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U.S. Lawmakers Want Moratorium on Commercial Flights to Cuba

Several U.S. airlines have been given permission to offer flights to Cuba

Ground crew hold U.S. and Cuban flags near a recently landed JetBlue aeroplane, the first commercial scheduled flight between the United States and Cuba in more than 50 years, at the Abel Santamaria International Airport in Santa Clara, Cuba, August 31, 2016, photo: Reuters/Alexandre Meneghini
By The News Whatsapp Twitter Facebook Share
1 year ago

WASHINGTON — Two leading critics of President Barack Obama’s moves toward normal relations with Cuba introduced legislation on Wednesday seeking to temporarily halt commercial flights between the United States and the island because of security concerns.

Republican Senator Marco Rubio and Democratic Senator Robert Menendez, both Cuban-American opponents of Obama’s Cuba policy, introduced the Cuban Airport Security Act. The measure would stop commercial flights until after a study of security measures and equipment at airports in Cuba.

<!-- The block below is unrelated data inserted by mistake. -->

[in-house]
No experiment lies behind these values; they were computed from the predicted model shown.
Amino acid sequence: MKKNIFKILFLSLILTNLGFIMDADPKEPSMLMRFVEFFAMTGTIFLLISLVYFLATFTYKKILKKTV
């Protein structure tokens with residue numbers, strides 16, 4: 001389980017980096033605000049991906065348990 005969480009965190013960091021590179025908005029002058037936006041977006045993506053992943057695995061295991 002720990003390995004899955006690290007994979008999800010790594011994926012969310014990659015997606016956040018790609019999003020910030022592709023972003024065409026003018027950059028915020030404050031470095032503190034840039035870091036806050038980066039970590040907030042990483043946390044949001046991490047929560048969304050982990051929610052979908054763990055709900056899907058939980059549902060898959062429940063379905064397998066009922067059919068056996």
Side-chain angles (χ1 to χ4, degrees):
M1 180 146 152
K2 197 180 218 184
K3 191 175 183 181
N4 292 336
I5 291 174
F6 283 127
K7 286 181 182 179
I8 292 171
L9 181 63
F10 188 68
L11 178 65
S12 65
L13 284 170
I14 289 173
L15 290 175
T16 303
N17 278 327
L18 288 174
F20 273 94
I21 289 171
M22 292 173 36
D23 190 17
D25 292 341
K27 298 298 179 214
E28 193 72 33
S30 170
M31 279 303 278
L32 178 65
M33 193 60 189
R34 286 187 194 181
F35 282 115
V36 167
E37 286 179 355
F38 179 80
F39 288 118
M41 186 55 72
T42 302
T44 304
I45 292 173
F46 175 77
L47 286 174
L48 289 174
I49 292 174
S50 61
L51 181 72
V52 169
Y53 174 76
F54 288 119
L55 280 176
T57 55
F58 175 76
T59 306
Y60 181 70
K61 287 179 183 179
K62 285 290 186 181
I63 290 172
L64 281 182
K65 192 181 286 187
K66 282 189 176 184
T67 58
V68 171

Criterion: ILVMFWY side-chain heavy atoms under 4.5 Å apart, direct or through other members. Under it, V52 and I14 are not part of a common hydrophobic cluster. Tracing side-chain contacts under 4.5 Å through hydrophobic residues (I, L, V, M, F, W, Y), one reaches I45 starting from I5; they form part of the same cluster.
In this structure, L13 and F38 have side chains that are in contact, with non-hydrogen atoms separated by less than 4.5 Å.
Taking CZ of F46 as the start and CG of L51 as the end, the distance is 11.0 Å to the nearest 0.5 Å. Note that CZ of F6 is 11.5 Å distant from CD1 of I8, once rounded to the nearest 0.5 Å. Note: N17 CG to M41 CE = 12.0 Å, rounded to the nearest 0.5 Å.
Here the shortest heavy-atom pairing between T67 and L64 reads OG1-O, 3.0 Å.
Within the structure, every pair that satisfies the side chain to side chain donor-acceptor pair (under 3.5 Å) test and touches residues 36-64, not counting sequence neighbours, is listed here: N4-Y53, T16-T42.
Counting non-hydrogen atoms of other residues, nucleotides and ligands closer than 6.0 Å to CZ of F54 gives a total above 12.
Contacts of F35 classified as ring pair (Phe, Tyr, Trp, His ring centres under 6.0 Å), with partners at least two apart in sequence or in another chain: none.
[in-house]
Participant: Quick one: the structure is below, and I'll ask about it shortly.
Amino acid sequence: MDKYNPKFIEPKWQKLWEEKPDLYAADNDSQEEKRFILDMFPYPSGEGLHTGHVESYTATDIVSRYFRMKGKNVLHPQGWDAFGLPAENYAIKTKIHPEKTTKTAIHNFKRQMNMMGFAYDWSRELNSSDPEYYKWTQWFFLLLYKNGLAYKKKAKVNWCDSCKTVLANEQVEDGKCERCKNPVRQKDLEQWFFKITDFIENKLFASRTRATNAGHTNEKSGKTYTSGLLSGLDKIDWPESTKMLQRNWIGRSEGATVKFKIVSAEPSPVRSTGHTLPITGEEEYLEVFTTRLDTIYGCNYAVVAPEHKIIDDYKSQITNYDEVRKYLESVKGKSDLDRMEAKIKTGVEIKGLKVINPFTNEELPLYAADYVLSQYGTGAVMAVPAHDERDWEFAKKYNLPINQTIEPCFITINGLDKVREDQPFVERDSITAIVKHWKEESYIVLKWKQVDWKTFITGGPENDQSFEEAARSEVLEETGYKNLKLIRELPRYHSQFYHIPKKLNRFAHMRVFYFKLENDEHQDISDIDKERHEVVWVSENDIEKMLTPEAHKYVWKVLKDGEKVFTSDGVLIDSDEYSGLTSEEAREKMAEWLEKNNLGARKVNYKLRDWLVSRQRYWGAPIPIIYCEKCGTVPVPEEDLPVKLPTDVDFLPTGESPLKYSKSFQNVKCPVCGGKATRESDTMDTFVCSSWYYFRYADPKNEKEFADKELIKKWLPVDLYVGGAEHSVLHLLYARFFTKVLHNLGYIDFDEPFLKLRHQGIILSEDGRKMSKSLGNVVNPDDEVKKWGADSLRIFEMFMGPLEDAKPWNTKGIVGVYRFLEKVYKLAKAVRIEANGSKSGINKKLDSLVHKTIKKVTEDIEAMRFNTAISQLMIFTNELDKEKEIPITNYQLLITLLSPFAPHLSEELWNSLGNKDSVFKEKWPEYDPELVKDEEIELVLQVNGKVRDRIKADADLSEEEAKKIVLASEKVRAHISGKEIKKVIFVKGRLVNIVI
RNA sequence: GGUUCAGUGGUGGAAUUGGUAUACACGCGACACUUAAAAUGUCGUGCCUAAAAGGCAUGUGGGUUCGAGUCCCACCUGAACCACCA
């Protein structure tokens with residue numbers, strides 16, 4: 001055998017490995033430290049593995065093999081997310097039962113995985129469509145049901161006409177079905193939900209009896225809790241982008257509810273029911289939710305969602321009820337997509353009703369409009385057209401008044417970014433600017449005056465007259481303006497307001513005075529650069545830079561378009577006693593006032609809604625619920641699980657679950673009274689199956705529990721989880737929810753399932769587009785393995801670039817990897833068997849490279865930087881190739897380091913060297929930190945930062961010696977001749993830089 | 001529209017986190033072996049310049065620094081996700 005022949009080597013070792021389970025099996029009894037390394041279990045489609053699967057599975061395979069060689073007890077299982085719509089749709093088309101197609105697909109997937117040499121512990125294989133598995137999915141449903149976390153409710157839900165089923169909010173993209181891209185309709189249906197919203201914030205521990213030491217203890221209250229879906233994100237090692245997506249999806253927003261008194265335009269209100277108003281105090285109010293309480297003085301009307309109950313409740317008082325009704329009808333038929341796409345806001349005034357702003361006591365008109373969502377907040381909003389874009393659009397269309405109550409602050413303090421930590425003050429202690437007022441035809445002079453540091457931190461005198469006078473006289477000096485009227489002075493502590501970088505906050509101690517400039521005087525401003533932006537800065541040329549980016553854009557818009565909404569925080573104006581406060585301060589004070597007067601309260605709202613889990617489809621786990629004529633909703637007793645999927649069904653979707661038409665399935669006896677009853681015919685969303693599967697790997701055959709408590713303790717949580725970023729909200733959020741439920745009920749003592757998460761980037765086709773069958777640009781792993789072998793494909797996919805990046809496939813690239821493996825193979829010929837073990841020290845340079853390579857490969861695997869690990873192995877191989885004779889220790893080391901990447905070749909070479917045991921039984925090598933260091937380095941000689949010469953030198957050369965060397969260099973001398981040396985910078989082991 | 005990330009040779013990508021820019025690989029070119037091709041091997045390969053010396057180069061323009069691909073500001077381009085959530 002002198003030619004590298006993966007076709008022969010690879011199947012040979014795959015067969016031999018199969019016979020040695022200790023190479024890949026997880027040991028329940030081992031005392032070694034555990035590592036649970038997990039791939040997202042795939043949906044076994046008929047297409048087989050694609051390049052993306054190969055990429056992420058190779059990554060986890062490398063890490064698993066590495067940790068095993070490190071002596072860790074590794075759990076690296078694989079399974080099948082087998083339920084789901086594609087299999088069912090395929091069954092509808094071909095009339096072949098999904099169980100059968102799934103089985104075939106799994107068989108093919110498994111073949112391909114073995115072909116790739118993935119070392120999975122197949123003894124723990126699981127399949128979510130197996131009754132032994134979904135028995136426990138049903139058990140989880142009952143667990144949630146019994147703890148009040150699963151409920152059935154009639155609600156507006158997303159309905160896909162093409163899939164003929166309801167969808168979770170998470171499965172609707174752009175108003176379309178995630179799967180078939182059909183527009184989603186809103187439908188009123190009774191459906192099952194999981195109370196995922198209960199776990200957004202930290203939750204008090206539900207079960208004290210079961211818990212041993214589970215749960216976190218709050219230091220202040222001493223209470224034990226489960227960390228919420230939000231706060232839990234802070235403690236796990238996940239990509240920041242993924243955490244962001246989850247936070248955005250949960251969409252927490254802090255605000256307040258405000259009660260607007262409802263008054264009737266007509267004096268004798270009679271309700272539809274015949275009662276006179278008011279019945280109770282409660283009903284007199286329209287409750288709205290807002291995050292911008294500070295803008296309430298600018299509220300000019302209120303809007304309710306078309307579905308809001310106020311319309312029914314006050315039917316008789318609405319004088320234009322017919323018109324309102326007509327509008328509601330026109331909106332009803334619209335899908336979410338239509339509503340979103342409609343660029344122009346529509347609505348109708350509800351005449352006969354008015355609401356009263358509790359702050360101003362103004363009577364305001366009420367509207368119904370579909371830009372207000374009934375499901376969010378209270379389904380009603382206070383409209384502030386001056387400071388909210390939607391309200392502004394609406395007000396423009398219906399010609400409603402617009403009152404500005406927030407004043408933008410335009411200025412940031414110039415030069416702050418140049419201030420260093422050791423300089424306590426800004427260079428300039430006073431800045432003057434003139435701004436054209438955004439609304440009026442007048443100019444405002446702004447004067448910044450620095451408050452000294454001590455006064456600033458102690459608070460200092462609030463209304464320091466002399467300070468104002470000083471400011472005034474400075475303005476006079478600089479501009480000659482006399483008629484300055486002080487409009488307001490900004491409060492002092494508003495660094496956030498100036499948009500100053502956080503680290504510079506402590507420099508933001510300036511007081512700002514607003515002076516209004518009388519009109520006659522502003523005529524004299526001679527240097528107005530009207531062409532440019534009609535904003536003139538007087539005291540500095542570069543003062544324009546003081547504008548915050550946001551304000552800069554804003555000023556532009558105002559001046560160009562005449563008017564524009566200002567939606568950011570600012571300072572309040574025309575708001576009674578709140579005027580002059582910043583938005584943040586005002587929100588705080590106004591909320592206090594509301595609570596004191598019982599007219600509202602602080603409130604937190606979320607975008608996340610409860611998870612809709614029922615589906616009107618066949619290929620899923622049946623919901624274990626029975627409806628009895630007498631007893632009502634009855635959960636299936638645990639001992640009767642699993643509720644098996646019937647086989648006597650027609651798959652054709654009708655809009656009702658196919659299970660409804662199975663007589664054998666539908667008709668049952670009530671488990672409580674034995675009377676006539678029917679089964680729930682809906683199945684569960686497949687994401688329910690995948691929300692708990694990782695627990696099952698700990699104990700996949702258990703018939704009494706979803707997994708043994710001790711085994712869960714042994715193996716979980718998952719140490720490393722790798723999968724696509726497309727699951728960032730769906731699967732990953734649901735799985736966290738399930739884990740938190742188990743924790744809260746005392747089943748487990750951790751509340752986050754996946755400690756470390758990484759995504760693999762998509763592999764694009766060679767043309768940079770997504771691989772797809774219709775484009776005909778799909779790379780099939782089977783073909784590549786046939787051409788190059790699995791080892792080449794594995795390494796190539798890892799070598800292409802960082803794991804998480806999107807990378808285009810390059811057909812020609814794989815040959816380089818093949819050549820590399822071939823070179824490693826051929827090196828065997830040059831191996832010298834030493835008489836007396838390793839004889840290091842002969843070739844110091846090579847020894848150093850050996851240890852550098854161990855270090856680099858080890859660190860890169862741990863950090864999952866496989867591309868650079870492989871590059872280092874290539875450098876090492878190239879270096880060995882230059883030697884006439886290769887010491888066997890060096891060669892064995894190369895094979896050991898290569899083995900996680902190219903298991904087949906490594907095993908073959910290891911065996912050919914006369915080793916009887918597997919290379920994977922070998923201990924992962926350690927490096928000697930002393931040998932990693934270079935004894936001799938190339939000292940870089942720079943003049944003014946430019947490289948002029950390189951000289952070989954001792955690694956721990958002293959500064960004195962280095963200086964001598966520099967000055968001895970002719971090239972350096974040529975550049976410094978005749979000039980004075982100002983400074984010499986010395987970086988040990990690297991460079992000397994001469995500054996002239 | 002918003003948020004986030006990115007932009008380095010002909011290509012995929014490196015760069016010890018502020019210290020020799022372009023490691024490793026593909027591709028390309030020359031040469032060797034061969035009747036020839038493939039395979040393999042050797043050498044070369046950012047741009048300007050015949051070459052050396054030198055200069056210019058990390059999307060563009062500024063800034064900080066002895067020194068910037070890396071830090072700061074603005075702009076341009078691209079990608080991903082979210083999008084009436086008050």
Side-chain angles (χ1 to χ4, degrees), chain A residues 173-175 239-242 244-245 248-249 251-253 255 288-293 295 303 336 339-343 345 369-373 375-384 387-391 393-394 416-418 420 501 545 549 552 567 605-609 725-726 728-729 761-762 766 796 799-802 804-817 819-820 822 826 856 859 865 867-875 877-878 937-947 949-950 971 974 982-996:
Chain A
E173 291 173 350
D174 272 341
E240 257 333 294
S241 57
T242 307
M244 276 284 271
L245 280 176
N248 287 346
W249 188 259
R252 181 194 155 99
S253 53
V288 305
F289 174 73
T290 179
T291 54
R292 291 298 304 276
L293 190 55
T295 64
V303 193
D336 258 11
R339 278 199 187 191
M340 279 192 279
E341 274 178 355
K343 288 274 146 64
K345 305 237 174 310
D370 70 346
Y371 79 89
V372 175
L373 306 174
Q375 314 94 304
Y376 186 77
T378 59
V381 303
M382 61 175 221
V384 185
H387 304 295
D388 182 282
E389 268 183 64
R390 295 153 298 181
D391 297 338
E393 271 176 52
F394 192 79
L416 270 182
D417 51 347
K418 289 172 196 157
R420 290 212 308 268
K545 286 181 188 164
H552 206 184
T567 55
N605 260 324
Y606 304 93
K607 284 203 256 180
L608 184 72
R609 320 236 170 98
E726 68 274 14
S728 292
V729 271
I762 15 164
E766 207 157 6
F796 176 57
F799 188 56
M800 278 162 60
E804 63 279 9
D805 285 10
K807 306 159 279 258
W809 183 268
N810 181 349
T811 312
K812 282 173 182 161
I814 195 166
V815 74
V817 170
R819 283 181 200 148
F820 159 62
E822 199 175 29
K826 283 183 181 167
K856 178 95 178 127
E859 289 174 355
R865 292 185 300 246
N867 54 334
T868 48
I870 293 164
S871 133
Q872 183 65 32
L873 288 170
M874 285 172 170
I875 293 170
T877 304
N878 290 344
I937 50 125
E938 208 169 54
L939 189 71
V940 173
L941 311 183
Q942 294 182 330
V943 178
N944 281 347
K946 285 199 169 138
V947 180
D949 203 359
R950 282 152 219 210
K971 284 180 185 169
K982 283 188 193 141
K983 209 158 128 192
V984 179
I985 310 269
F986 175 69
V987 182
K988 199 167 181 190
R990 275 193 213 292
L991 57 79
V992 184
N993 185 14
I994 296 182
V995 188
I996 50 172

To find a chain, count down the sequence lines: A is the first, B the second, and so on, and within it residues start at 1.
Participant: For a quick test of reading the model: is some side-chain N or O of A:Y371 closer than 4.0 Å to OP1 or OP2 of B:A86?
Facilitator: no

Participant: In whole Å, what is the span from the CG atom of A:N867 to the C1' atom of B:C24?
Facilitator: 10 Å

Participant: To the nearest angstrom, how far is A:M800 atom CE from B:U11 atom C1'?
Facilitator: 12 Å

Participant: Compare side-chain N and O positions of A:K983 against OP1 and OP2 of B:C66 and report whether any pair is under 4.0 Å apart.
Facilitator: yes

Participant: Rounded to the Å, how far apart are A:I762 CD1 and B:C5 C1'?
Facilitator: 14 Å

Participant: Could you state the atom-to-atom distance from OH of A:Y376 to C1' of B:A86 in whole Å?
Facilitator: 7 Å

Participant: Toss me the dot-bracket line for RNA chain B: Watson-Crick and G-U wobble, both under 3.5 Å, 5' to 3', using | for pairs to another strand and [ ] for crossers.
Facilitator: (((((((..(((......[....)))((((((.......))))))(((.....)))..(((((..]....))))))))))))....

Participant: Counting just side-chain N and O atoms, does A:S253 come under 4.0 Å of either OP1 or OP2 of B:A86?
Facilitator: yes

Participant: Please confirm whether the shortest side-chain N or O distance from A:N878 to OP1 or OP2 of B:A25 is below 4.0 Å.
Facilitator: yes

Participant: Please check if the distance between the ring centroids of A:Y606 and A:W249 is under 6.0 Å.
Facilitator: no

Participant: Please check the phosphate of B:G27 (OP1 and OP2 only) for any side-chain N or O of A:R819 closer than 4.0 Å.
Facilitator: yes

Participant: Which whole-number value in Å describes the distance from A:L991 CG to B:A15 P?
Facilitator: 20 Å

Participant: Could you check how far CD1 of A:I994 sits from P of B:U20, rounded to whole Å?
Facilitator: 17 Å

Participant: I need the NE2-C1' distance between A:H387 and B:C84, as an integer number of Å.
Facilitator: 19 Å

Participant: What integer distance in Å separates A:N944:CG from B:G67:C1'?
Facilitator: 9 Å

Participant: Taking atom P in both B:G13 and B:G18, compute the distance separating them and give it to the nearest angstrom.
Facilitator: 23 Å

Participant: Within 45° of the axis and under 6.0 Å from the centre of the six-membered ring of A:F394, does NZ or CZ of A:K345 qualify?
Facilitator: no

The U.S. government has granted several U.S. airlines permission to begin scheduled flights to Cuba, opening another chapter in the Obama administration’s efforts to improve ties and increase trade and travel with the former Cold War foe.

A JetBlue Airways Corp. passenger jet flew to Santa Clara, Cuba, from Fort Lauderdale, Florida, on Aug. 31. It was the first scheduled commercial passenger flight from the United States to Cuba in more than half a century.

Commercial flights to the capital, Havana, are expected to begin later this year.

Obama’s Cuba policy sharply divides the U.S. Congress. Opponents, mostly Republicans but also a few Democrats, say he is moving too quickly to ease restrictions on travel and trade, given continuing human rights violations by its Communist government.

Backers say it is time to try another tactic in dealing with Havana after more than half a century with no change under the previous policy.

A version of the bill was introduced in the House of Representatives in July. There has been no announcement of when the measure might come up for a vote.





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